A Crash Course in the History of Black Science Fiction

bisexual-books:

This is a fantastic overview and it includes The Summer Prince by Alaya  

Dawn

Johnson which is still the only YA book I’ve ever seen with a black bisexual character.  

– Sarah

A Crash Course in the History of Black Science Fiction

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Charleston County library giving away hundreds of copies of challenged book thanks to blogger

catagator:

Andria was interviewed by one of the Charleston news stations about our book donation drive and this entire piece is really thoughtful and well done. 

yay book people!

Charleston County library giving away hundreds of copies of challenged book thanks to blogger

One Asian Book is Quite Enough

elloellenoh:

diversityinya:

By I. W. Gregorio

A groundbreaking story about a teenage girl who discovers she was born intersex … and what happens when her secret is revealed to the entire school. Incredibly compelling and sensitively told, None of the Above is a thought-provoking novel that explores what it means to be a…

Love this book so much!! Please read it!!!

One Asian Book is Quite Enough

In Which I Keep Talking

elloellenoh:

tessagratton:

Thursday evening an editor at Vice.com invited me to share comments with her regarding the discussion of sexism in Andrew Smith’s comments in their interview. She sent me a few questions and I answered them. Just now, she posted her article with comments from myself and a few other interested…

“I regret nothing I’ve said or done in the past week.

I will not stop talking.

I am not afraid.”

I want to highlight what Tessa says at the end of this post because I am with her. I will NOT stop talking about systemic problems in our society and I am NOT afraid. I have gotten hate mail, threats, and other unprintable commentary for simply taking a stand on an age old problem. I have received subtly worded emails taking me to task for my public opinions on sexism. This I find interesting. I have received hate and racist email for my position on racism, but I’ve Never received emails chiding me for being too vocal about racism before. But on sexism and taking issue with what a white male has to say, I’m receiving a lot of disapproval? I find this incredulous.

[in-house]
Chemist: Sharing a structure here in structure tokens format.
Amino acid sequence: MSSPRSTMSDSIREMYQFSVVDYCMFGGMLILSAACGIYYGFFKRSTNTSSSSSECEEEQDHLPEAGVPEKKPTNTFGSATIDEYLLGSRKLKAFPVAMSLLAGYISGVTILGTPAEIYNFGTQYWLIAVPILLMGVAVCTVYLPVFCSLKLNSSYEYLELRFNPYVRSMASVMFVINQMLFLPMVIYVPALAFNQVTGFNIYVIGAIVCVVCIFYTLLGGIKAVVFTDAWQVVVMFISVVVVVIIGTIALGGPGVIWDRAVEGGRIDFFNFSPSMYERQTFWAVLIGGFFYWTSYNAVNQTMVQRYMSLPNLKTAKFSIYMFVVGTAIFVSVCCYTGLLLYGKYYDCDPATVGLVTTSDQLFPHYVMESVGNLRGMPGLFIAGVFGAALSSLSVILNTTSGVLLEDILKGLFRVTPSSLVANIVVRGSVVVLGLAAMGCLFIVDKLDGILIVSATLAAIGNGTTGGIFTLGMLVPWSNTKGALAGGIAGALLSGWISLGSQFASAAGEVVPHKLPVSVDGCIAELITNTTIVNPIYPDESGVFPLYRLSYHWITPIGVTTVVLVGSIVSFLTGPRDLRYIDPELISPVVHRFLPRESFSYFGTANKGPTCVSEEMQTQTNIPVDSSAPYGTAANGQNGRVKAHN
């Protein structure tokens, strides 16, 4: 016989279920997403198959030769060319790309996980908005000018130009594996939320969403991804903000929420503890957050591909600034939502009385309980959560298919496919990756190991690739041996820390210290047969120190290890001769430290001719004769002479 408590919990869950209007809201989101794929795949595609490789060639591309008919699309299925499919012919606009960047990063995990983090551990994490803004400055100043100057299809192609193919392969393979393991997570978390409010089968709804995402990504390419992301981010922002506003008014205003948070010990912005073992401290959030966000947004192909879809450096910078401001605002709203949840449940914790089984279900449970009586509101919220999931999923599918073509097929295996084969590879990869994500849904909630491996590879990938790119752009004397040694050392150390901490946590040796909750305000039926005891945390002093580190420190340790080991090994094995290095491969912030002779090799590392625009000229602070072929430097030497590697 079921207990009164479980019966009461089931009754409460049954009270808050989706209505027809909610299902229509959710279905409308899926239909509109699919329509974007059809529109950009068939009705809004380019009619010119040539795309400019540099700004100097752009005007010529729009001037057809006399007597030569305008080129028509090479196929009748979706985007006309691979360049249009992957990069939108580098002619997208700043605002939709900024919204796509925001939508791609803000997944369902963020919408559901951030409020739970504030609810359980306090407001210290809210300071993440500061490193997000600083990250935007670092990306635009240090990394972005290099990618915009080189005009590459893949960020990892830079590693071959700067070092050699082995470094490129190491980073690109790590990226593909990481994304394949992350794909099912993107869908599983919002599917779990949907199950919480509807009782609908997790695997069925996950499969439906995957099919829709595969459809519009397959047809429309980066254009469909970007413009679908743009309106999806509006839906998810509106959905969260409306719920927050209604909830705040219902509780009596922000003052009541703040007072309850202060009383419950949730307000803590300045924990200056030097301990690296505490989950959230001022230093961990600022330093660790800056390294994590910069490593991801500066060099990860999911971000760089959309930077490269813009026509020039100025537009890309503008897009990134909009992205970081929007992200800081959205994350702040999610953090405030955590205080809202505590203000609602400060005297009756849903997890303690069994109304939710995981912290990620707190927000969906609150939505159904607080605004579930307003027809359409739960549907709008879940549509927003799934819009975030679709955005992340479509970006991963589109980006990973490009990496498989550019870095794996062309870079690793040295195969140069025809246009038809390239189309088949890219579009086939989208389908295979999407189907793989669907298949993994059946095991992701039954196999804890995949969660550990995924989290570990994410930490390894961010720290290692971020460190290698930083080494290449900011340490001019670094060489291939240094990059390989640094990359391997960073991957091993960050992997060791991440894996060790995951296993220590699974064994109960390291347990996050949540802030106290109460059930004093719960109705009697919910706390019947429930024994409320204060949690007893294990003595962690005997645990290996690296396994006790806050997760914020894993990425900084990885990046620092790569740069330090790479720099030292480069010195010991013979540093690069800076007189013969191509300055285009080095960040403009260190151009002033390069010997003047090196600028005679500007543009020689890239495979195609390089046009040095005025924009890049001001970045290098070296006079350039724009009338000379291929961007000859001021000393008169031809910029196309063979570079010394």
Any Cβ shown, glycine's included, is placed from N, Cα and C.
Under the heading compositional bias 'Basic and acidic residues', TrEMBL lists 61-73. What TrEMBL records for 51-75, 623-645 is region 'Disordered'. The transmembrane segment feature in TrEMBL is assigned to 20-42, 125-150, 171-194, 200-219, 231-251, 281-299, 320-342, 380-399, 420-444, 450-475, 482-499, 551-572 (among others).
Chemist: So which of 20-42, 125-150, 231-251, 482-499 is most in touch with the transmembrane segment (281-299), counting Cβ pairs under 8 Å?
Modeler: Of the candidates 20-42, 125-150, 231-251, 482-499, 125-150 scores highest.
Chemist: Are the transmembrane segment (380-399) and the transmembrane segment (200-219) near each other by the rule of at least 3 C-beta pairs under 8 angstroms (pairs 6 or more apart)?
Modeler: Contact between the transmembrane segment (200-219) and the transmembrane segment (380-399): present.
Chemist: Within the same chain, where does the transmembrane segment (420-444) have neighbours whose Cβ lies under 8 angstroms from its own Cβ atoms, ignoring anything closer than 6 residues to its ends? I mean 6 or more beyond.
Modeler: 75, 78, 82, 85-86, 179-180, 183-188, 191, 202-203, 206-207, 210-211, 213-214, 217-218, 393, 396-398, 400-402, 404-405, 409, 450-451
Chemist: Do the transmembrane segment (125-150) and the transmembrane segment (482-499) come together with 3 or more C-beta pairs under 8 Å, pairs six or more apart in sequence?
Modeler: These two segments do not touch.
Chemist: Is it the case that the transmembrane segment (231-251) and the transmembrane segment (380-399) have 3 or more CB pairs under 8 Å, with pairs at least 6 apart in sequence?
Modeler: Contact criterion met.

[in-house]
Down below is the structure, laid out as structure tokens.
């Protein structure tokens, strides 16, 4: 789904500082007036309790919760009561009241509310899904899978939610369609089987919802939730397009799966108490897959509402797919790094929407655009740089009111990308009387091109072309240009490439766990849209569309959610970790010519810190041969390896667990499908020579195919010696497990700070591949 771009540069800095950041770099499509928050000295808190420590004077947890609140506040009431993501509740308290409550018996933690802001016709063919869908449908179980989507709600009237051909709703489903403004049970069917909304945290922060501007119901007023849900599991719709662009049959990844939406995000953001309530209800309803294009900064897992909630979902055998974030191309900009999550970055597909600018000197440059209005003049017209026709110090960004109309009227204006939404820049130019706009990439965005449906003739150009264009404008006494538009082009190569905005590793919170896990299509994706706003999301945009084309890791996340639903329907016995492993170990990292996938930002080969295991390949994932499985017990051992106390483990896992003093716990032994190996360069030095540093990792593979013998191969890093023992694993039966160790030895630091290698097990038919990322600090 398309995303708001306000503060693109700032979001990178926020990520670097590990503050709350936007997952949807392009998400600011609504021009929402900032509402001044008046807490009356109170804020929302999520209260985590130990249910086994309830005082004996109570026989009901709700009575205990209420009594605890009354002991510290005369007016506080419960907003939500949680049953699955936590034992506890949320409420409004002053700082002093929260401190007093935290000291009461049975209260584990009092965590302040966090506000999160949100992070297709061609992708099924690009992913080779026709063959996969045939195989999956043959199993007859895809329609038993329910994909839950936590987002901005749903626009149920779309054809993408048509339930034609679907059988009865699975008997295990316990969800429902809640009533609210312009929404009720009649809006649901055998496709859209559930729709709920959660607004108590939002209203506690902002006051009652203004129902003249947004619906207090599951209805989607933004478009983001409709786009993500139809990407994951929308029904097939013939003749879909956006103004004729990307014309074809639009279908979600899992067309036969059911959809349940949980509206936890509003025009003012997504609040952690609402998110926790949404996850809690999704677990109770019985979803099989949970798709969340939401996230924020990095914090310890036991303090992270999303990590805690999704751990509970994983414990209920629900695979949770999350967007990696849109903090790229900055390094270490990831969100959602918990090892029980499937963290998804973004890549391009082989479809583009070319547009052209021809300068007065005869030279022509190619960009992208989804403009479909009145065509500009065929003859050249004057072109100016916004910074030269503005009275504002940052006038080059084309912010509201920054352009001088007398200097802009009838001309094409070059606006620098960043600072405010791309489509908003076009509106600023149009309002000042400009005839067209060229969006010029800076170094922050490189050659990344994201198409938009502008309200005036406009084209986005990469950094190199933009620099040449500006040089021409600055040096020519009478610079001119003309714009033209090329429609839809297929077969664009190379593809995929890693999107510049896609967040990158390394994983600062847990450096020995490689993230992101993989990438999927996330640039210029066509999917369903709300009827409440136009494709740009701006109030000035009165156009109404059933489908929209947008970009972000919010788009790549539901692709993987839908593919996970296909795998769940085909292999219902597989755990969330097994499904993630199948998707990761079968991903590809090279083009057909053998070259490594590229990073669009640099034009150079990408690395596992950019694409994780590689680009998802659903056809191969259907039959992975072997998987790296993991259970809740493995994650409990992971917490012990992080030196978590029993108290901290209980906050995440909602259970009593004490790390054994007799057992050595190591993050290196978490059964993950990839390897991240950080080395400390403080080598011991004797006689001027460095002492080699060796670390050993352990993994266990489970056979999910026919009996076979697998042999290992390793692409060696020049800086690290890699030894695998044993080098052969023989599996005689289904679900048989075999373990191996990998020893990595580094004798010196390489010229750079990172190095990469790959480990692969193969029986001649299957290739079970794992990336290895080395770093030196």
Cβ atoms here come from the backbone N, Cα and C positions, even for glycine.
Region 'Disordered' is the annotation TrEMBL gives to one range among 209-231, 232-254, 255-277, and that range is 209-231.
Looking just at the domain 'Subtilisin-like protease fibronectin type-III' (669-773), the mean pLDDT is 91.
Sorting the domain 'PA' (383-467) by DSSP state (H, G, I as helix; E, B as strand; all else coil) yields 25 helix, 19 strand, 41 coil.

If a woman had said #IHaveWritten10NovelsAssholesGetALife in a public tweet, she would have been crucified by the internet. But the same people who were all outraged and created Keep YA Kind, have been noticeably silent over the evidence that a white man may not be as nice and kind as they wished him to be. Furthermore, during a panel on diversity, he dismissively and condescendingly put down the efforts of women of color who were discussing how much time and effort they put into writing their stories and getting it right. His response was to say they work too hard and he just writes what he wants to write. Let that sink in for a moment. It answers a lot of questions doesn’t it?

I am less interested in pointing my fingers at one man and more interested in dissecting the system that keeps sexism in place. Why so much benefit of the doubt when it comes to the words and actions of a white male? Why so much offense and protection? There is no doubt that if Andrew Smith had been a woman or a person of color, the reaction he received would have been FAR different. Consider that for a moment. When your golden boy shows that he isn’t perfect, do you rush to his defense or do you recognize that he is human with human failings? Because what I’ve seen is typical of how we treat men in society. It starts young where we pander to men and make them feel superior to women in all ways. It is reinforced by our media and our television and film representations, where we tell high school boys that their futures are more important than those of girls. When our society causes girls to be shamed of their bodies and their sexuality but glorifies men. Don’t fool yourself into thinking this isn’t all related. Because it all is. And we need to keep these discussions going or nothing will ever change.

In Which I Keep Talking

The Mussel Eater by Octavia Cade Nominated for a BSFA Award

The Mussel Eater by Octavia Cade Nominated for a BSFA Award